Before you start making money on Blab or Live Streaming check this out

UPDATED: Here is a marketers guide to What you need to know….

Is Twitter’s Vine App Dead?

Almost daily we check the app store to see what are the top free apps in the top charts section to catch any new social media platforms or apps that are gaining or losing traction to see where the attention is moving.

We recently noticed the Vine app hit the 80 ranking range and now today its in the 90s and slipping slowing.

vine app

At the same time Andy Milonakis just tweeted this the other day..

And our team has noticed a lot of the Viners are revining each others Vines from years ago and using vine to tell their audience to follow them on YouTube, Snapchat, or Instagram where they can monetize their audience even more or better. To confirm this downtrend we went to Google Trends and look at this chart for “vine app”…

Maybe with all the new live streaming apps like Blab, Periscope and Meerkat and the increased popularity of Instagram, YouTube, and Snapchat this year people are not opening their Vine app as much as they use to? What do you think?

Leave a comment below or let us know if you have any Vine app stats you would like to add to this post that confirms what we are seeing or proves us wrong.

Blab im (Blab app) Live Streaming Video App Creating Blabbermouths or Next Big Thing? (blab im, blab app ) the new live stream (conversation platform) and video app currently in beta is pulling attention away from Meerkat and Periscope and is a new platform that is exactly as it is branded “blab”… Blab is another new shiny social media tool for people to have several (2-4 live streamers) to many (1-100s of viewers so far that can comment along side of the talking heads).

People can blab their hearts out as long as they have viewers or become blah. But before we get into what is Blab and why has Blab grabbed the attention of the all the cool social media kids lets dive a bit into the last 6 months of live streaming.

Live streaming is in an uptrend again thanks to mobile, better data plans, and the millennial generation who seem to have FOMO (fear of missing out), value community,  and have been shaped by technology.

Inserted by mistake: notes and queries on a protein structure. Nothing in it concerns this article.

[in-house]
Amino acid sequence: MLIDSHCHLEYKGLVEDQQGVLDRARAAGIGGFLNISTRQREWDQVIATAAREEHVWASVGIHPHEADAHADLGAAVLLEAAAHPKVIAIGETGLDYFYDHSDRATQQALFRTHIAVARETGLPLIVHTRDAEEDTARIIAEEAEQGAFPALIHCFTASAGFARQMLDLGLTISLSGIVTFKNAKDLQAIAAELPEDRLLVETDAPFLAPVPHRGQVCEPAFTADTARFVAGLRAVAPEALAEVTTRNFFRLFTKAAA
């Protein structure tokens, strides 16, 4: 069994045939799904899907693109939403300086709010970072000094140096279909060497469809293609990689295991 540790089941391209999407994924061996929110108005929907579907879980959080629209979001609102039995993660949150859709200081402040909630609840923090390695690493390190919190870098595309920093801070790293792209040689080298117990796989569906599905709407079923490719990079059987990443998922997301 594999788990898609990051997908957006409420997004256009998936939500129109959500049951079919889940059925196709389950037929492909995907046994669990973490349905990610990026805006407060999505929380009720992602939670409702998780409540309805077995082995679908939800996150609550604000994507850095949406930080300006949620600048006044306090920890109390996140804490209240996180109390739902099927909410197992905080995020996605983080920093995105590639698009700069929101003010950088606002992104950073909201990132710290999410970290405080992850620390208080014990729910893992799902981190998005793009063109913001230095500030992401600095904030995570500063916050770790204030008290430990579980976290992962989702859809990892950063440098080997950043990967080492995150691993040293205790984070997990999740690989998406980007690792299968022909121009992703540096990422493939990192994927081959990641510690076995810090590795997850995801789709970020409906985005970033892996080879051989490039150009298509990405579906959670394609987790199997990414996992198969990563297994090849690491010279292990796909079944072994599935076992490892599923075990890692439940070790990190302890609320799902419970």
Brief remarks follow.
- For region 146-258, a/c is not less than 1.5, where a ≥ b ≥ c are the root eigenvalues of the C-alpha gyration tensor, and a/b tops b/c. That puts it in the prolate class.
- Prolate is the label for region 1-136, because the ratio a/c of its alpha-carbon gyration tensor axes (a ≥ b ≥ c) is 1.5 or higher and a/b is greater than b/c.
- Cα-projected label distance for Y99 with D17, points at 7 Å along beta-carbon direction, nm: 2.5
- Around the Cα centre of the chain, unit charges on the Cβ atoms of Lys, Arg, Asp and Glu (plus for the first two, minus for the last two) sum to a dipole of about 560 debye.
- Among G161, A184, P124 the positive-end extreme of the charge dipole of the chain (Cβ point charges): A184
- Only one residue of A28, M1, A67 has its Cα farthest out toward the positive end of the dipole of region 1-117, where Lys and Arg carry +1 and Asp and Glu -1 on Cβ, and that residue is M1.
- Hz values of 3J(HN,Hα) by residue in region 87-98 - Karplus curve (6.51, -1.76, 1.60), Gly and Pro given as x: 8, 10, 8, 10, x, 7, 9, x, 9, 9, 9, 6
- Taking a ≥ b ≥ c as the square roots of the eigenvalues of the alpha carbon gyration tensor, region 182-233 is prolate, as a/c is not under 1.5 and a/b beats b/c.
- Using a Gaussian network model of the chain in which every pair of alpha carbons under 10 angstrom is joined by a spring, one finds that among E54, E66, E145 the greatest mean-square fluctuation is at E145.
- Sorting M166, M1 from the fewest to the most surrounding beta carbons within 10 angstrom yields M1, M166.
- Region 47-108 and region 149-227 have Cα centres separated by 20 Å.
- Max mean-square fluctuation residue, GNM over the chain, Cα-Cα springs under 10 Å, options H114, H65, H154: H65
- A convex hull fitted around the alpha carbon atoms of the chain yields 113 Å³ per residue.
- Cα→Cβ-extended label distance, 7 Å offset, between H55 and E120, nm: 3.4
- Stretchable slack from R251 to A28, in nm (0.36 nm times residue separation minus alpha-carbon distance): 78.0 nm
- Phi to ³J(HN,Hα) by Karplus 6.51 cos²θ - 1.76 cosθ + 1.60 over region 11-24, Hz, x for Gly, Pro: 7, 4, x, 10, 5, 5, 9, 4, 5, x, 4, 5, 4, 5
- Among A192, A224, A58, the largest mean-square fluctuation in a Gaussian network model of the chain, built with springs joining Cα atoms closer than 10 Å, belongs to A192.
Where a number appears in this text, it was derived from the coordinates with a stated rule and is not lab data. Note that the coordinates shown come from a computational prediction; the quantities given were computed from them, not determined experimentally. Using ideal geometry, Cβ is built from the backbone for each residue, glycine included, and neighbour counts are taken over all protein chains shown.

Before the explosion of live streamers in March of 2015 thanks to Meerkat and Periscope there were and are still many other live streaming platforms like Livestream, Ustream, Justin.TV, Google Hangouts and Spreecast.

Even OGs and executors in the social media space like Gary Vaynerchuk that actually get results and ROI for big brands with his social agency Vaynermedia used these platforms back in 2008 (over 7 years ago)

Broadcast live streaming video on Ustream

However, with so many new live streaming apps this year in 2015 and with them leveraging Twitter APIs to make it easier to login and launch a live stream the future and present of live streaming is changing before our eyes.

It’s why people who know about Spreecast say what’s the difference between Spreecast and Blab which is also up to 4 talking live streamers having a conversation with commenters on the side. (hints: timing, easier to use, mobile, twitter integration, KISS.. keep it simple stupid)

One thing that seems to be obvious and overwhelming is that most of the people using these platforms are trying to be the “expert” and stake their existence in each app while still trying to figure out how to use each platform, how to monetize live streaming (although most are selling courses already because they blabbed or scoped a few times), and how their “live streaming” audience can make them the next big thing or will it just make them a “blabbermouth”?

Part of the reason this is happening is thanks to the emergence of people (“influencers”) being early on Twitter, Vine, and YouTube can make up to $25k a Vine or $6k an instagram post. Follow the money, it’s always about money even when someone says it’s not then it’s really about the money even more.

And agencies like GrapeStory were formed to connect this cap of viners with millions of impressions to brands who want to reach their audience natively within their videos.



Credit: GrapeStory Case Study

We have already seen in a short six months with Periscope launching and now streamers moving onto Blab, Meerkat has been suffering. Even the Meerkat Queen Nora Segura has lost her #1 spot to Grant Cardone recently and the leaderboard on Meerkat has been stale and for the most part stayed the same.